There is good news we welcome; there is exciting good news we share; and then there is teeming good news, the kind that rises up and spills over our deep, polished containers of propriety. What, though, hastens us as heralds of good news even to our antagonists, those who exclude us with cold shoulders, judge us with pointed fingers or dehumanize us through indifference? What raises us to a place higher than pride, purer than resentment, and stronger than fear? Grace does.
Her destination was a well—a pit, she called it—perhaps an apt metaphor for a life of deepening failures and darkening hope, and she was there to draw still more, yet again. This noonday, though, grace awaited her there, an appointment set before the beginning of time. She, like so many through the ages, had awaited the Messiah—“When he comes, he will explain everything to us,”1 she said—and now He was here, seeking from her a drink from the pit and offering living water from an inner well—a spring, He called it—sourced in Himself and rising up to eternal life. She came to the well defined by her failures and left as one renewed by grace. Teeming with good news and unable to contain it, she returned to her villagers, including her detractors there, saying, “Come, see a man who told me everything I ever did. Could this be the Christ?”2 What confidence! What purpose! Such transformation!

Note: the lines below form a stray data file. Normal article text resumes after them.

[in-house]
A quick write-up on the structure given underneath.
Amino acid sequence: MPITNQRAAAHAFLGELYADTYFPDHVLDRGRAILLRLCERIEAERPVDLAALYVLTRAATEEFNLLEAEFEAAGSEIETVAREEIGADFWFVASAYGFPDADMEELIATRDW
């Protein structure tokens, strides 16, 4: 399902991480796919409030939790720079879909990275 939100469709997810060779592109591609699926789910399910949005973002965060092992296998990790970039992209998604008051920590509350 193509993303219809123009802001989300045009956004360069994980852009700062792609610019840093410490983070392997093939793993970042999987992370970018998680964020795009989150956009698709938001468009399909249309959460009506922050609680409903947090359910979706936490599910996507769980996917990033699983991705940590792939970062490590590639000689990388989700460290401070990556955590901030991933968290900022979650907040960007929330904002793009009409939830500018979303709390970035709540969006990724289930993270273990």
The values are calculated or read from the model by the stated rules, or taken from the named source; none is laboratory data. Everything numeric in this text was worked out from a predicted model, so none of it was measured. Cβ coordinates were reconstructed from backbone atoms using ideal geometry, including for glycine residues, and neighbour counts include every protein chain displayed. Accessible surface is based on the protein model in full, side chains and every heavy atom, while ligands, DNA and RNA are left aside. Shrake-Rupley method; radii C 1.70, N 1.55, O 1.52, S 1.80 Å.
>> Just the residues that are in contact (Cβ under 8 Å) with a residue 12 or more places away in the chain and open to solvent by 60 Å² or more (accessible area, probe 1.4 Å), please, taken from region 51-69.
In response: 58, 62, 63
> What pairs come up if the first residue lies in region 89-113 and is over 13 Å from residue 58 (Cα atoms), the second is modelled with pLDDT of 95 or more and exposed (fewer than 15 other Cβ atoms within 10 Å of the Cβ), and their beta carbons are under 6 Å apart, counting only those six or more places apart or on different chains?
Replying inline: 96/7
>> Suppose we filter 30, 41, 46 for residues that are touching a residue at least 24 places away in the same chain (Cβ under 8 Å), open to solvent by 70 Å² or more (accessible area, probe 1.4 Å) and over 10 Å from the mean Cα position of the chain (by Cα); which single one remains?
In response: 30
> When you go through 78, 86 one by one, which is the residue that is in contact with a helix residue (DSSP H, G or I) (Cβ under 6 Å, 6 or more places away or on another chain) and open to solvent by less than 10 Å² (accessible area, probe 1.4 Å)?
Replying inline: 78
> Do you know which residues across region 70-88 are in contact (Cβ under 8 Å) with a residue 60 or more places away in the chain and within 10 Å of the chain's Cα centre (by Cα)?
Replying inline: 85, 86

Grace is like that: it sends us spilling over with good news of undeserved favor. Freedom is like that: it releases us in relief with the proclamation of pardon. Jesus is like that—He flows from us like streams of living water, even to those who don’t love us. He rises up in hearts made new in Him—in people “who have heard the word in an honest and good heart … hold it fast, and bear fruit with perseverance.”3 And if fruitfulness is its measure, I think we can safely say the Samaritan woman went back to her people with a new heart, “an honest and good heart.” For as John writes, “They came out of the town and made their way toward him.”4
At times, we don’t feel new, but if in faith we drink from the “spring of water welling up to eternal life”5—Jesus Christ, himself—we are new and our failures define us no more. Ours is to embrace what is true, rest in Him who makes us new, and with honest and good hearts, persevere. The fruit will be there; He will see to it.
Father in heaven, you have given me a new heart, and your Spirit lives in me through faith in Christ. Grace me to go and bear fruit with an honest and good heart. Amen.
1 John 4:25
2 John 4:28-29
3 Luke 8:15 NASB
4 John 4:30
5 John 4:14